Muncey Vance Gaultney was a fiddler, writer, and all around character from Ashe County, North Carolina. Born into the Healing Springs community in July 1906, Gaultney gravitated toward music at an early age and first learned to fiddle from his grandmother. He patterned his style after local fiddling legend G. B. Grayson and played a number of rarely heard tunes such as "The Walls of Jericho" and "Chicken in the Bread Tray." Alongside his musical abilties, Gaultney worked hauling and selling furniture and shrubbery, but eventually moved in to dealing antiques. An avid reader, he took courses in music and science at Appalachian State and wrote his own songs and poetry. In his later years Gaultney wrote regularly for The Plow [see collection AC.877: The Plow (Periodical) Collection], a magazine dedicated to mountain life in southwest Virginia and western North Carolina. Here are some samples from his column, entitled "Memories of Ashe County":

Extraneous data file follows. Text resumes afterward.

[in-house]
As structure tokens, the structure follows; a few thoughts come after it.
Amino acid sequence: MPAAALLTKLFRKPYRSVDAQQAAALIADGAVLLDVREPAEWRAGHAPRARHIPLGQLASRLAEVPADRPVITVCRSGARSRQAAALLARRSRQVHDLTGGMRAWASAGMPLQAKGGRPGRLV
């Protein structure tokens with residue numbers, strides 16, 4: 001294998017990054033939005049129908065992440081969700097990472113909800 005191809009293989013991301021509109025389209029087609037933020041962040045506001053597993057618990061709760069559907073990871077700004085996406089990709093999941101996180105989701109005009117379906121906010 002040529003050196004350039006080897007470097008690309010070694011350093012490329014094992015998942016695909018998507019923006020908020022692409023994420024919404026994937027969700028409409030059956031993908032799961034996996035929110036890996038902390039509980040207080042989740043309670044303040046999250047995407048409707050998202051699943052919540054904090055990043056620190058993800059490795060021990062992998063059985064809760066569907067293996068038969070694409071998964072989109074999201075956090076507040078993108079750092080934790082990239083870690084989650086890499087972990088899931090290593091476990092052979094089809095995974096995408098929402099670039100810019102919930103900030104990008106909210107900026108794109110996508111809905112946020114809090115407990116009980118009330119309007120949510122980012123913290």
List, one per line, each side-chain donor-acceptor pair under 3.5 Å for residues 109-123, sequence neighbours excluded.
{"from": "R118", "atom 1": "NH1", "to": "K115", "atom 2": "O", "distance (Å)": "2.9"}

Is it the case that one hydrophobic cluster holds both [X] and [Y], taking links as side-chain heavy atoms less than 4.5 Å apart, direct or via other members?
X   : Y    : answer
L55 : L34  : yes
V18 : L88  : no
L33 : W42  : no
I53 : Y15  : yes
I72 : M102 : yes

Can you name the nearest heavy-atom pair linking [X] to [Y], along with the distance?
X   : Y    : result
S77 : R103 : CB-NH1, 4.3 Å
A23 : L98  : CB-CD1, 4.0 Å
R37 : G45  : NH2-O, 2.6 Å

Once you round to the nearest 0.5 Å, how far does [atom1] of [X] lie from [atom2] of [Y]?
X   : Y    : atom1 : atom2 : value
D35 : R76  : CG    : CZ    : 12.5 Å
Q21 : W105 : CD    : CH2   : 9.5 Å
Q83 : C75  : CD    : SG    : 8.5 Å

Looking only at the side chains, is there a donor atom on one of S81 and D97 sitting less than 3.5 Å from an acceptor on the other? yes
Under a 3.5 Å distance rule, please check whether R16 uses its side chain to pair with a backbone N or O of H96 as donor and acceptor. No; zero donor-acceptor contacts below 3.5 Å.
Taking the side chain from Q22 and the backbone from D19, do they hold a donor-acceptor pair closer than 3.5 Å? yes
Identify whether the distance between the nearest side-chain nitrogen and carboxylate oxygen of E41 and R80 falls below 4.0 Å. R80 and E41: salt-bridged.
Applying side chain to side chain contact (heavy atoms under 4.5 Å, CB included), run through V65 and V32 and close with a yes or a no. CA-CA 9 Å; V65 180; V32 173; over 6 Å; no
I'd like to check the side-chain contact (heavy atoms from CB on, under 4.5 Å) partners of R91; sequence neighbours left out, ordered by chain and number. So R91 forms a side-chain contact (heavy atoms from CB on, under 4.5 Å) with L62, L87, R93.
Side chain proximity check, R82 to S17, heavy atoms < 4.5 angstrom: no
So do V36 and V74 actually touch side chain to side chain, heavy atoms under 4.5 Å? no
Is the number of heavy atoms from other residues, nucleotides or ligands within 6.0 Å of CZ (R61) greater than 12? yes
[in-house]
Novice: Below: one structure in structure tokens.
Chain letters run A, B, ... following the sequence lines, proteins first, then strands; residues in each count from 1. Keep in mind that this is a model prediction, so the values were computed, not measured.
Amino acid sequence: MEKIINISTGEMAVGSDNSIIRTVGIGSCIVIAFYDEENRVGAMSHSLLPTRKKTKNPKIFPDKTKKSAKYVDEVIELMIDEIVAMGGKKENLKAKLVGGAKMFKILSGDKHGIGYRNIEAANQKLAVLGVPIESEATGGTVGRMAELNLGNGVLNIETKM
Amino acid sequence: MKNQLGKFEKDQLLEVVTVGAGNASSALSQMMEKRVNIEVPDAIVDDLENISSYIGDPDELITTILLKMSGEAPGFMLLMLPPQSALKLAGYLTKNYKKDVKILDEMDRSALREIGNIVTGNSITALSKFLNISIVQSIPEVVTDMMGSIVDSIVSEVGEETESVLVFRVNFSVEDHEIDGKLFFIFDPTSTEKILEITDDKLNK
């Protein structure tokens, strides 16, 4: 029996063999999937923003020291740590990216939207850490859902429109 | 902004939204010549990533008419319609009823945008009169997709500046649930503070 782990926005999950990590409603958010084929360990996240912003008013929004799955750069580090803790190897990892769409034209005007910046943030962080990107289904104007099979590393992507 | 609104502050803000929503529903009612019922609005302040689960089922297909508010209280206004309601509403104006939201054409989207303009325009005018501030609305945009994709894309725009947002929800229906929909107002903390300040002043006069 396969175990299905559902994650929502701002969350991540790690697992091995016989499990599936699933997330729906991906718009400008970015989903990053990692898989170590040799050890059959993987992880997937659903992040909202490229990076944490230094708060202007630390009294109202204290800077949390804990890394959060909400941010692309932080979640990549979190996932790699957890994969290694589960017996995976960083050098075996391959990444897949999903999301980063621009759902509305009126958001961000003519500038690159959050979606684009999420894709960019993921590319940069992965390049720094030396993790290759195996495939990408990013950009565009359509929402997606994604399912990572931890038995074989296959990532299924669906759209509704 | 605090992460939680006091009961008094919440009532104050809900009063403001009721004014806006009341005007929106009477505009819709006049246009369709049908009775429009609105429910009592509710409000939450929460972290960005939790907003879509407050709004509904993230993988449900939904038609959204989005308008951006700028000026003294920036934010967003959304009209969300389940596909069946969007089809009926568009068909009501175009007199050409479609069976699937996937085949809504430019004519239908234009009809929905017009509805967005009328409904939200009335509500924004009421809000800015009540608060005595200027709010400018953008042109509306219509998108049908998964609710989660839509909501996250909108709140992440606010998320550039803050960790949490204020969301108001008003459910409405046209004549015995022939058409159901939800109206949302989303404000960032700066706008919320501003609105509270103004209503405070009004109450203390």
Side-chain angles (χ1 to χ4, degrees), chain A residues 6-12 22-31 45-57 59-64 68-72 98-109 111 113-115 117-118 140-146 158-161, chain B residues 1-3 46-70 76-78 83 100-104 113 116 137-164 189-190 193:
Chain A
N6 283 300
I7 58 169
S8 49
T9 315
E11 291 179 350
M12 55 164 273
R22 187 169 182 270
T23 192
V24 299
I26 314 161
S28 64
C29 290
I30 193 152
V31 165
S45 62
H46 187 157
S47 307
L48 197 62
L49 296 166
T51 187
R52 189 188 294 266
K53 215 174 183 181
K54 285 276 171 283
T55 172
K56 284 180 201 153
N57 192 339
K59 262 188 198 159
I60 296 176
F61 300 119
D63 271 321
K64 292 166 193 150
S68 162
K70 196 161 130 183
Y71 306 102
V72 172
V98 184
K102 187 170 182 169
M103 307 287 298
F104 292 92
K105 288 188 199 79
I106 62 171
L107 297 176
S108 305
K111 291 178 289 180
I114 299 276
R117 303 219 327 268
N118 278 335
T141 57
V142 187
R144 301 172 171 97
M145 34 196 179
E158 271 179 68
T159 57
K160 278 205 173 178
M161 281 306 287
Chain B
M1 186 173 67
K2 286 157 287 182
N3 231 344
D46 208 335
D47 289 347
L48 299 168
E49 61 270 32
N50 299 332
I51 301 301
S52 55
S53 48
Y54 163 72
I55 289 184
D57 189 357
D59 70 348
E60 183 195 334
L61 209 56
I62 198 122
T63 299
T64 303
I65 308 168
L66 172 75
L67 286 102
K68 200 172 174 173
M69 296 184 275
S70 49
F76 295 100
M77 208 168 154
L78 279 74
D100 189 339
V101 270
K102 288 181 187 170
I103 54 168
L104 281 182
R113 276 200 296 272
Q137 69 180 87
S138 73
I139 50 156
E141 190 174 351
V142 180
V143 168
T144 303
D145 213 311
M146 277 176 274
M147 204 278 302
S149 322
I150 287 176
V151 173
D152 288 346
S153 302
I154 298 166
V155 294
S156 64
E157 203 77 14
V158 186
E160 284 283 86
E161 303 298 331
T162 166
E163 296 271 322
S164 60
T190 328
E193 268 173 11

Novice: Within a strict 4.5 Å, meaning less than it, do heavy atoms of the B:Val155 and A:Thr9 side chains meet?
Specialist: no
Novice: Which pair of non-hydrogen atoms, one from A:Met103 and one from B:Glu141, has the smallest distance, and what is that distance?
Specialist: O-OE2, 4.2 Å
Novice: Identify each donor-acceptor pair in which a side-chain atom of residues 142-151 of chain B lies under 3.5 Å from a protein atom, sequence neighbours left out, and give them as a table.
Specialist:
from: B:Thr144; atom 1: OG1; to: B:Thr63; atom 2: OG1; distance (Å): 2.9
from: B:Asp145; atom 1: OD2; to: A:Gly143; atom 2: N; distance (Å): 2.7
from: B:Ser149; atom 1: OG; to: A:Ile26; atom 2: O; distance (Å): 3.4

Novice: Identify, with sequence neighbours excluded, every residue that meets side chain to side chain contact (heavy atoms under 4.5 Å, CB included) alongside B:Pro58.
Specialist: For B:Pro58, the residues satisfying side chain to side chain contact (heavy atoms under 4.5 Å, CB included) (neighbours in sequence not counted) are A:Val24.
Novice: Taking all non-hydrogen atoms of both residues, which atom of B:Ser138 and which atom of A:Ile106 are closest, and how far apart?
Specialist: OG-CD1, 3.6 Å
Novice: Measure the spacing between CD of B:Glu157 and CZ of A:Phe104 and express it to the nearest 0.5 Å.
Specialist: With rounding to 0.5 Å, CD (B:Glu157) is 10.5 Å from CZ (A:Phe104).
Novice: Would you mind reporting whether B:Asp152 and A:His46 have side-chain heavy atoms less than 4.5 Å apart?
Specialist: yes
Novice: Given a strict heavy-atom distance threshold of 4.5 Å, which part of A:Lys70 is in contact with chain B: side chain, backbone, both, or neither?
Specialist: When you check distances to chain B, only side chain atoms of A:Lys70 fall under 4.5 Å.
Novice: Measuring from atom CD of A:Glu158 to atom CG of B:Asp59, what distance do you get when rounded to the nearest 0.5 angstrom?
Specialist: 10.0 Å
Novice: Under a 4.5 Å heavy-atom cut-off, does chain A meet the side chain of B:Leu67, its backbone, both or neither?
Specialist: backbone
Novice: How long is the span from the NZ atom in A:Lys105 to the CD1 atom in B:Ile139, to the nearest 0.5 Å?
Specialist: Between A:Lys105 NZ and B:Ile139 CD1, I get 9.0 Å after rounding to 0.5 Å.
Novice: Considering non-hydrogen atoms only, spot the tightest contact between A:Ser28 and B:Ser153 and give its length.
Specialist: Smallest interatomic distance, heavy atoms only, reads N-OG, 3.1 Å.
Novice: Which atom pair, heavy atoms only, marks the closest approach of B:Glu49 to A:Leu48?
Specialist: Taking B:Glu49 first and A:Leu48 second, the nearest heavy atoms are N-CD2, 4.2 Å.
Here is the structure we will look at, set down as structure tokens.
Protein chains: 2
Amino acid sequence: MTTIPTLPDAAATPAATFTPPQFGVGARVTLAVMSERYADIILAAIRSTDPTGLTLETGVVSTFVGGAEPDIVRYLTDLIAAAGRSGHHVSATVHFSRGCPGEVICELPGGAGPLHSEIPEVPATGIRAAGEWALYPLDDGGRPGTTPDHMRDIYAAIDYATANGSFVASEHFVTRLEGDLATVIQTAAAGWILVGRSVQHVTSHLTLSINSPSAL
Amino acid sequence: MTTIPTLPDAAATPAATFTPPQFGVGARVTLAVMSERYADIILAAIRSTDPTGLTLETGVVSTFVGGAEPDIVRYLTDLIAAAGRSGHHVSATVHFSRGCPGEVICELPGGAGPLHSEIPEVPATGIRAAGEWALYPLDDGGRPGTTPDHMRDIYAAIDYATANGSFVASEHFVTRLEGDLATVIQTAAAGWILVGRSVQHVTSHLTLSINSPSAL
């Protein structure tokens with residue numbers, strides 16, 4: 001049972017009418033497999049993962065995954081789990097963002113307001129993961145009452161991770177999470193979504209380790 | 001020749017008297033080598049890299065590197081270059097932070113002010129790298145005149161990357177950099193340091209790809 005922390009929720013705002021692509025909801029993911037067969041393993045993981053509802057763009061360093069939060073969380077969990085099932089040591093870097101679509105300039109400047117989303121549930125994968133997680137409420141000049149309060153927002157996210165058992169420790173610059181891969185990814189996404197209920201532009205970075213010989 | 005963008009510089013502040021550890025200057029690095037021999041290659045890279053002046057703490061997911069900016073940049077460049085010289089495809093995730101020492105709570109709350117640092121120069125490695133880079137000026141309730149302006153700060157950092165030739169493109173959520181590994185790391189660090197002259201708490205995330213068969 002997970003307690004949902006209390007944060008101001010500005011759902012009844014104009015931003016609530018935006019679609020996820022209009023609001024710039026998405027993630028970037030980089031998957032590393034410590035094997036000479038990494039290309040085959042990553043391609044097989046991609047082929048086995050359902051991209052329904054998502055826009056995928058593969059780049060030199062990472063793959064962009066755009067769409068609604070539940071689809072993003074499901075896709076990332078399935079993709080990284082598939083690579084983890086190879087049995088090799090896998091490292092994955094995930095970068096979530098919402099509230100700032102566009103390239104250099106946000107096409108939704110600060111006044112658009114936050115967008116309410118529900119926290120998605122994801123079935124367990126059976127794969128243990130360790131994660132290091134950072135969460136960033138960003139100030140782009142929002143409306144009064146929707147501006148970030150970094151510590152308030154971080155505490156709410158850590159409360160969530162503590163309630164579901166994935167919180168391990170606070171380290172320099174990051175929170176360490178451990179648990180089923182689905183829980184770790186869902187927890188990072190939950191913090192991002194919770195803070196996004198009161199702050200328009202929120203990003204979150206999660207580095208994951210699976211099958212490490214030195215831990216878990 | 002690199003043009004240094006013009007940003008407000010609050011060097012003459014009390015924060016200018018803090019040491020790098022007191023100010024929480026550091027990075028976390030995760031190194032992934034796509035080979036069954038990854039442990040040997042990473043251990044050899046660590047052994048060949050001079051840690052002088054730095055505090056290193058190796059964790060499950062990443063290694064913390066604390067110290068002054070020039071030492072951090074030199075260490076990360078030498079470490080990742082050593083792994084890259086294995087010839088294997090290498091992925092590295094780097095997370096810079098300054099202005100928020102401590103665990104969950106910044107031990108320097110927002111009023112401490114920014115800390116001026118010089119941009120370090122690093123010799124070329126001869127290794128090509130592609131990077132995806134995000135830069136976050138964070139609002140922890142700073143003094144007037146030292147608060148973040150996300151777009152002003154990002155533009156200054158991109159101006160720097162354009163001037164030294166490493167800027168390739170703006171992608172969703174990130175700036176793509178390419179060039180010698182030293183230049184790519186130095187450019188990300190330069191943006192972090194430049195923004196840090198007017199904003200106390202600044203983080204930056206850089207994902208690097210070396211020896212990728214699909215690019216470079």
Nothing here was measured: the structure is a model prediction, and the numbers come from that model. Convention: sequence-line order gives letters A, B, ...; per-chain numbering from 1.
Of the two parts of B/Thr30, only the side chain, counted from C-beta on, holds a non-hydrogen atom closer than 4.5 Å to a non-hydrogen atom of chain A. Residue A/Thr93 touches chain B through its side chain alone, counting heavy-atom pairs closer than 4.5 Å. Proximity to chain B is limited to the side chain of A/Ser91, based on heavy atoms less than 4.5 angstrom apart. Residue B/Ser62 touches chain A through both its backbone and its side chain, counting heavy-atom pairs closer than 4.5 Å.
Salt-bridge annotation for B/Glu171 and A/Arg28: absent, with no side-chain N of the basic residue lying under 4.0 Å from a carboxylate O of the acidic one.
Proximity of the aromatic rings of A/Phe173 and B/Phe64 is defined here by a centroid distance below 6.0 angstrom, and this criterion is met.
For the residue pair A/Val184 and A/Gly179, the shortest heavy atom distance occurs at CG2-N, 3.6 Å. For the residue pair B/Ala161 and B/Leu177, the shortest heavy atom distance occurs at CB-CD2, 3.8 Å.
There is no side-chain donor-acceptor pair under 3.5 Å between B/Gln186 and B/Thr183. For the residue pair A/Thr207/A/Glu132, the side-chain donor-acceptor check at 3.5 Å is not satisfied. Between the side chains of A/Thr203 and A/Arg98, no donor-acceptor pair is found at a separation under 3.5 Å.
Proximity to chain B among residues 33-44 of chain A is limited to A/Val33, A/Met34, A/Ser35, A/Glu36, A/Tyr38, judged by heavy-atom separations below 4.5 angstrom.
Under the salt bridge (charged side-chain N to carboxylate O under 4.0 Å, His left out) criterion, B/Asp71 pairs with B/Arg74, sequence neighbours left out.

When I was a young 'un I had to hoe corn, plant beans, mow grass with a scythe, and I would wish for it to rain so I wouldn't have to work. But after I grew up, I found out that work was the thing I needed to know. Pitching horshoes and fooling around with a fiddle or banjo didn't make nothing to last or buy any clothing. Now I am getting along in years, I like to recall this and live a little in the past. [from The Plow, August 19-31, 1977.]
Well, the old sage said, man will grow weaker and wiser. That's true to some extent, but I have to say I haven't gotten any wiser, just weaker...
Today, I would like to talk about Uncle Emmit Long, a former resident of Healing Springs in Ashe County. He was a man of many talents, a shoemaker, hunter and trapper, a good fisherman, and a good clawhammer banjo player. He was also a good neigbor who spent many hours at my old home. He would spend the night and talk about the old days. He told what he called "hant tales." There were some good ones, and when I was young I would be afraid to go to bed after hearing them. He was an interesting talker. He wore a mustache and I never saw him in a dress suit. It was always overalls. His byword was, "By gum."....
The old song of the 1920's comes to mind... "Be kind to a man when he's down"... Sometimes it is difficult to do so, but no matter what type of person he is, God gave him or her His own likeness, so be kind to your neighbor and do good to those who spitefully use you. Bye now, keep plowin', "Gee, Buck, let's go to barn!"
-M. V. Gaultney, Jefferson, NC [from The Plow, October 14-31, 1977]
Images from AC.1097: Jefferson Post Records. To hear a clip of Muncey Gaultney speaking and fiddling "Uncloudy Day", click here.